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Unlike the variety on offer in previous years (here, here and here), this year's most read posts were focused on fashion. Have a look after the jump to see who took the top honours and, if you haven't already, click on the links to read the original post.

These adorable animal-shaped radiators form part of the Schema range designed by Meneghello Paolelli for Ridea.  With two animals to choose from - a cat or a walrus - the low-profile radiators are perfectly suited for a child's space, be it a bedroom or a playroom.  The Schema Cat radiator is also multifunctional and includes a towel warmer in the shape of a collar.

Have a look at these eye-catching designs from Jamaican menswear designer Robert Hall.  Hall uses vivid, jewel-bright colours and African fabrics in the creation of his designs and this collection was developed as a consequence of a number of different cultures and influences.  While Hall has drawn inspiration from Europe, East Africa and America, the starting point was the Caribbean and he modified certain commonplace wardrobe staples such as the jacket, T-shirt, tank top and shorts to suit the environment.  The result is vibrant and colourful clash of prints and a crazy pop of colours on traditional silhouettes. 

As we close the year with a record number of posts featuring local content, have a look at some more of our favourite posts after the jump.

Image  |  FitBit
FitBit have jumped on the smart watch bandwagon with the Surge.  Packed with an arsenal of eight sensors: 3-axis accelerometers, a gyroscope, a compass, an ambient light sensor, GPS and a heart rate monitor, the FitBit Surge can provide a tonne-load of information on your pace, distance, elevation, calories burned, workout intensity and other sport-specific metrics which forms the basis of the fitness tracker.  On the smart watch side, it has a backlit LCD touch screen and shows caller ID, text alerts even has and music control.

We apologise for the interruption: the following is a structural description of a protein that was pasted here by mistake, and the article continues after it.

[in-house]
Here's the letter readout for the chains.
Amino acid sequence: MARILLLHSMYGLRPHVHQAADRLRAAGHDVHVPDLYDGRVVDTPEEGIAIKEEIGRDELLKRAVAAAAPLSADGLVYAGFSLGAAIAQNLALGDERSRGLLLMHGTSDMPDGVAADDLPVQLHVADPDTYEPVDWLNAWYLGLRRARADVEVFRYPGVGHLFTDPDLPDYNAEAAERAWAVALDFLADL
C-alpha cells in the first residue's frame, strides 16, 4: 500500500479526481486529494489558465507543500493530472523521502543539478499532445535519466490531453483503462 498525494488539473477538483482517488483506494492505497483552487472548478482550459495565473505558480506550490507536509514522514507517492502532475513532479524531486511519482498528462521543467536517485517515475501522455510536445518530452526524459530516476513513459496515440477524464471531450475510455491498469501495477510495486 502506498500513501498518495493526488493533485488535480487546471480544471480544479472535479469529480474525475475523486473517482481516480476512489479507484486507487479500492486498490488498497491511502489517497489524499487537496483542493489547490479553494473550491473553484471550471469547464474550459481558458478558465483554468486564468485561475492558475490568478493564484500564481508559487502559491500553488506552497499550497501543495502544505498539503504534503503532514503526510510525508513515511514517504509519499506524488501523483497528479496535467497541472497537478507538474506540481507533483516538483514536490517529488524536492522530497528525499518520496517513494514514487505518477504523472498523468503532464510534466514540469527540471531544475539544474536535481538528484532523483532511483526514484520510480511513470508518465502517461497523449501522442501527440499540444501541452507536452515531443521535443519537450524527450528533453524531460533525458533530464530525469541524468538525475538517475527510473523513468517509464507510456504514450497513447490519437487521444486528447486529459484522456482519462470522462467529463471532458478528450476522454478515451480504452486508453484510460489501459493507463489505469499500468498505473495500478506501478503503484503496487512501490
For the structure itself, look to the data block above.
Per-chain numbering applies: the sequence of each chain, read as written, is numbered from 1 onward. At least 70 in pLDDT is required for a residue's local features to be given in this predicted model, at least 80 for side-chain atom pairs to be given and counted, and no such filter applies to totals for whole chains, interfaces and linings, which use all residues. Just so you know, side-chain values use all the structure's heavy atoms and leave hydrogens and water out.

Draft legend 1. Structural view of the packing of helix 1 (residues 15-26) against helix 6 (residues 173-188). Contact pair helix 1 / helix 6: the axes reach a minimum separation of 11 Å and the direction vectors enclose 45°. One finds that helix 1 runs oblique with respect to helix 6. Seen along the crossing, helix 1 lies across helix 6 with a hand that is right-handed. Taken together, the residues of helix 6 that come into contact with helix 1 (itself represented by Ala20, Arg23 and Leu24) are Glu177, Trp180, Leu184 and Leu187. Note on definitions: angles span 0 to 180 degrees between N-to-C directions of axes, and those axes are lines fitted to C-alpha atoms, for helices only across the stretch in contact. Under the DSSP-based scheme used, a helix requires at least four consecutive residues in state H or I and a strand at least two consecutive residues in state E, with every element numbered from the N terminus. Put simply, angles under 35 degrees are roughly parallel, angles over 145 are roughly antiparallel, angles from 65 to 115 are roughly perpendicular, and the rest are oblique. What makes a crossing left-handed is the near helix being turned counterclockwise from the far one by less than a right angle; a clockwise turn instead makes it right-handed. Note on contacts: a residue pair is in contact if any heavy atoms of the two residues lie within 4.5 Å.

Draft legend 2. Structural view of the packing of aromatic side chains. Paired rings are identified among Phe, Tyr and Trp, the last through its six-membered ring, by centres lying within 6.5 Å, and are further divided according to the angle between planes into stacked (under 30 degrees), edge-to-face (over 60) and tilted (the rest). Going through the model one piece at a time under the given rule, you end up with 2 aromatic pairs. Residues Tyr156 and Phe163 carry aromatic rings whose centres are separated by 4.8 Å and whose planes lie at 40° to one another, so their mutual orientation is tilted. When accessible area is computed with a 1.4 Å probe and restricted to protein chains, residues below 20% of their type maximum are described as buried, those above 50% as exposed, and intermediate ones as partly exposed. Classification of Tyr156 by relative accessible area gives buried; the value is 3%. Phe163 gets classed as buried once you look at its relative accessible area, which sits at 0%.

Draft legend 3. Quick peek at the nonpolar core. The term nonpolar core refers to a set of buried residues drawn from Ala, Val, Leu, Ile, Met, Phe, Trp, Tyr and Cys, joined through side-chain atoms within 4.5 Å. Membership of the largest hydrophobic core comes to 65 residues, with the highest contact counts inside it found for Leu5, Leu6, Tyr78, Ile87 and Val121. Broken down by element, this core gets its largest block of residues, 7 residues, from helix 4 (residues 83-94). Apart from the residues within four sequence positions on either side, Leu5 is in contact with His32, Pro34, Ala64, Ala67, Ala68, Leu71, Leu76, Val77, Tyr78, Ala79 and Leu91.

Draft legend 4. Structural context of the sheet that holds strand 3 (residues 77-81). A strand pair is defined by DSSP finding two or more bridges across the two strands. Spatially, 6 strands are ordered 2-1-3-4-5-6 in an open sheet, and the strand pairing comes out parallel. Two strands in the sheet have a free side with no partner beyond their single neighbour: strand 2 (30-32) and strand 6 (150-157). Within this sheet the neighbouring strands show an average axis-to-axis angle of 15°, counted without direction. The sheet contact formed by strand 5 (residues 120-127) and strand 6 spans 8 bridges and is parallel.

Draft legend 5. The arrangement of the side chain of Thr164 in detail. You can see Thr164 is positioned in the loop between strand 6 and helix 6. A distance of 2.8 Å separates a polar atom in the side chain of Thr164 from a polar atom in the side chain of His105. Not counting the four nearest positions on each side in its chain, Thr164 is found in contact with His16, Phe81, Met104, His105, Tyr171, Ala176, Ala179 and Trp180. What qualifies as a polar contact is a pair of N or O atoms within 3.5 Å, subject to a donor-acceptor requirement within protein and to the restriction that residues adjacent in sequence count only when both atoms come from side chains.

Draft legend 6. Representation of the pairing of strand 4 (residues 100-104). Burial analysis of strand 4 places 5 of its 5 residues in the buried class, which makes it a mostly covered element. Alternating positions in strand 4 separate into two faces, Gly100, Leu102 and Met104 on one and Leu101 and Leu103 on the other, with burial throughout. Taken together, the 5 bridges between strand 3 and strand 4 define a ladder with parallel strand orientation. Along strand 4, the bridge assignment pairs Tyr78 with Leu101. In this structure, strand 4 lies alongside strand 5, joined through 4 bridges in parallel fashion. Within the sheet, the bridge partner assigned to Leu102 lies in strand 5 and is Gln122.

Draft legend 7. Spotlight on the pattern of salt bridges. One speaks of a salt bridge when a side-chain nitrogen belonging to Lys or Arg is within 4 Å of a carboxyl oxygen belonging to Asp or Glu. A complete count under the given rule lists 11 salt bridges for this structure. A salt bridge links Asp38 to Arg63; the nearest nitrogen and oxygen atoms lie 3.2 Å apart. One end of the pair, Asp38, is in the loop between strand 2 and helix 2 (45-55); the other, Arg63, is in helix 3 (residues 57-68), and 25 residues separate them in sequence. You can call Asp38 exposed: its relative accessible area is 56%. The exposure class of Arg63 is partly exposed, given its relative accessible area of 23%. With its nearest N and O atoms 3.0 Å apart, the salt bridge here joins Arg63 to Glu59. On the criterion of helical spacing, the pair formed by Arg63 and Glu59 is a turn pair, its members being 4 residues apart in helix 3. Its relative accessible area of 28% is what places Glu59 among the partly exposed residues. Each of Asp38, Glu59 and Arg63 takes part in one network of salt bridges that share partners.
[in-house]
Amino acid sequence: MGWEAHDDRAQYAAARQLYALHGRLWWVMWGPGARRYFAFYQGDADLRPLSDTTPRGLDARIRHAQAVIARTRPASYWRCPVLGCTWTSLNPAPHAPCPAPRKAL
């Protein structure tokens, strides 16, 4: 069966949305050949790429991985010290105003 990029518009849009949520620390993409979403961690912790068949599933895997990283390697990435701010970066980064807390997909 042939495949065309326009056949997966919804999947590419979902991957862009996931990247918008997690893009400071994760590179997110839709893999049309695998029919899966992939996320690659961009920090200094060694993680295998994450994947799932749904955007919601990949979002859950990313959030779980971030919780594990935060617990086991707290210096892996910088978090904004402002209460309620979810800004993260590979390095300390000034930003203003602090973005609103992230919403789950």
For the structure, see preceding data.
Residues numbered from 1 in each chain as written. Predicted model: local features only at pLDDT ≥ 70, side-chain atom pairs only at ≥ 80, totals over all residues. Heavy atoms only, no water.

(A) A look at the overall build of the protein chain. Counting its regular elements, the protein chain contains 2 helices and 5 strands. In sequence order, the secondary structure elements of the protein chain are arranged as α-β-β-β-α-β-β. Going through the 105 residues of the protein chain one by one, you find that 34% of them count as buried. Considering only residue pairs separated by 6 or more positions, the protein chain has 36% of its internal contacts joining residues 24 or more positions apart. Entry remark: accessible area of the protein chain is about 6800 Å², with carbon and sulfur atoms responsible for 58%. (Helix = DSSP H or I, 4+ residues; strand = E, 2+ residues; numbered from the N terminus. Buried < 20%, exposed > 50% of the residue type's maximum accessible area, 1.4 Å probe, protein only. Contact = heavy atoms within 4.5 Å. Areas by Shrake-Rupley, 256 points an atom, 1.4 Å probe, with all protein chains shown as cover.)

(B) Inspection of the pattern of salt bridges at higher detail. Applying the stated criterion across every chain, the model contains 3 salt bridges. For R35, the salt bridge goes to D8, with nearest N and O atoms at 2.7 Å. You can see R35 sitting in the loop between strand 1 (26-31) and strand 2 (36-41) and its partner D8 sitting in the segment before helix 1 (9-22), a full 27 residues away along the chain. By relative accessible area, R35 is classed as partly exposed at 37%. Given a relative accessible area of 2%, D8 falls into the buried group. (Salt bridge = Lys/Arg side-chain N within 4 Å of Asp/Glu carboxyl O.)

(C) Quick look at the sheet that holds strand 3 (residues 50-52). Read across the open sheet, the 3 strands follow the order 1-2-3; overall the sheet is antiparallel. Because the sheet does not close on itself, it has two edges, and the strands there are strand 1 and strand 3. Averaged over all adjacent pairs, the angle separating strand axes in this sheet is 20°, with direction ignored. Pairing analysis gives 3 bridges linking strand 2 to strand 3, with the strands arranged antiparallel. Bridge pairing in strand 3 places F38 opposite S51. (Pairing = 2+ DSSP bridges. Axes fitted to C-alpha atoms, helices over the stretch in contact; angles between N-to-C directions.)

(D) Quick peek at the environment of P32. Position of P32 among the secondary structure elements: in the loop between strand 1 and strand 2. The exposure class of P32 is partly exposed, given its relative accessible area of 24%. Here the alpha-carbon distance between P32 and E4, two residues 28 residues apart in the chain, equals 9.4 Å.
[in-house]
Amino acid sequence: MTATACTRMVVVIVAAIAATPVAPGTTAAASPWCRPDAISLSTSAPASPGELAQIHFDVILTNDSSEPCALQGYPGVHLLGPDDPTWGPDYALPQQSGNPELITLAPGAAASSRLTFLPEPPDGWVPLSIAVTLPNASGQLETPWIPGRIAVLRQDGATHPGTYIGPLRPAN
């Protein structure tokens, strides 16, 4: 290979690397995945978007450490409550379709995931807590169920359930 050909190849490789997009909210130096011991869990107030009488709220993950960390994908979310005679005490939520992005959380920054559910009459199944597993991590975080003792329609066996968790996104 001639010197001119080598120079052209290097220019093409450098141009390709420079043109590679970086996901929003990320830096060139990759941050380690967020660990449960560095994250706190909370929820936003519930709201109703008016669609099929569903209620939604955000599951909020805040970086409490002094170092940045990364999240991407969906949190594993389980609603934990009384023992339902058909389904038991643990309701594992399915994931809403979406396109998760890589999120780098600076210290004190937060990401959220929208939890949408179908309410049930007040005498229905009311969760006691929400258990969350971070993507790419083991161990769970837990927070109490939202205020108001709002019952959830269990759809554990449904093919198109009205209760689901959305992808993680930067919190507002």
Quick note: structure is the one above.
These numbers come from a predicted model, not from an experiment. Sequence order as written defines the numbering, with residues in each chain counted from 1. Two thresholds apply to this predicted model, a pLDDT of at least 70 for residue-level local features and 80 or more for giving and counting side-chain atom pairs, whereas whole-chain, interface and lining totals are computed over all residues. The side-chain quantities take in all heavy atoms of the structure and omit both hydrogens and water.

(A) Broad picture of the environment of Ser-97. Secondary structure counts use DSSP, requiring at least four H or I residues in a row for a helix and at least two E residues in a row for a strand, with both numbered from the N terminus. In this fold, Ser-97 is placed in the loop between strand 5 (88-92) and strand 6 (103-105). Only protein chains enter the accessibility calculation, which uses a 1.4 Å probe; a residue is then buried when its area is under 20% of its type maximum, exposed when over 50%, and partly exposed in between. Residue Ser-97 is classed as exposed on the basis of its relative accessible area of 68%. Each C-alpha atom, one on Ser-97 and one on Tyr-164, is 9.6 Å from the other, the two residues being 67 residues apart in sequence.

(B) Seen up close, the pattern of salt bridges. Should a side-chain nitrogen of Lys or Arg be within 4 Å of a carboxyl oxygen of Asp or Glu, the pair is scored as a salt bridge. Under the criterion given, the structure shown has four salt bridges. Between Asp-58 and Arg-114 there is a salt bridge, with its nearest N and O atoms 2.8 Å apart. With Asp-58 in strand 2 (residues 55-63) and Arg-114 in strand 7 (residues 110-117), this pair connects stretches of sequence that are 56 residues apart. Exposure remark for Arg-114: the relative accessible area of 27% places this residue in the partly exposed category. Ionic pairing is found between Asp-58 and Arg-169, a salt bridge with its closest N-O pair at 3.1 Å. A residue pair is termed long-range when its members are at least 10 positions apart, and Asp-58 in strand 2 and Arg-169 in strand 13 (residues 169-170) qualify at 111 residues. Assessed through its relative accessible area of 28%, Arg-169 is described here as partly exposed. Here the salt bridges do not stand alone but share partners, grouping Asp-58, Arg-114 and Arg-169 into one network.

Simeon Georgiev’s 'Santa Does Street Wear' sees the jolly man wearing classic street gear like the Woolrich Arctic parka, Timberland's Triple black boots and adidas' Tubular sneakers.
We are big on bangles and cuffs, so Rachel Ross Jewellery is pretty high on our list of 'must-haves'.

With an eye toward organic shapes, Ross works mainly with silver and natural materials.  Her  jewellery combines precious and semi-precious materials to create bold, unique and beautiful pieces.  While not formally trained in jewellery-making (and in fact accidentally took up the practice 25 years ago), Ross apprenticed locally and it is obvious that she has a natural talent - one that she has refined over decades of plying her craft.

Ross doesn't just specialise in arm candy though.  She also produces delicate earrings, rings, necklaces and bracelets.  Her reputation was such that she was asked by Project Runway Season Nine's winner Anya Ayoung-Chee to produce the jewellery used to accessorise her final collection.  Further, her Same Sky line of glass and bead accessories are made by Rwandan woman who are either HIV-positive or the survivors of genocide.

The surface of the Eastside Bench from Jason Frederick Fierst of Fierst Design is comprised of angular pieces of wood which fit together in an intricate design that casts a pattern when light shines through from above.  The handcrafted bench is constructed using no hardware, making it not only a beautiful piece of furniture, but a feat of craftsmanship as well.

The Eastside Bench is made of solid American walnut.

The Rubber Barber erasers designed by Lu-Wei Chen make making mistakes fun.  Each eraser in the four-piece set starts out as a square but over time and with use are denuded to create hairstyles for the cartoon faces.   It's fun to see the characters transform right before your eyes.

The No-216-sideboard designed by Jesper Ståhl for abstracta is named after the traditional A4 paper proportional scheme ISO 216.  The storage unit is configured on this basis to have playful and warm characteristics.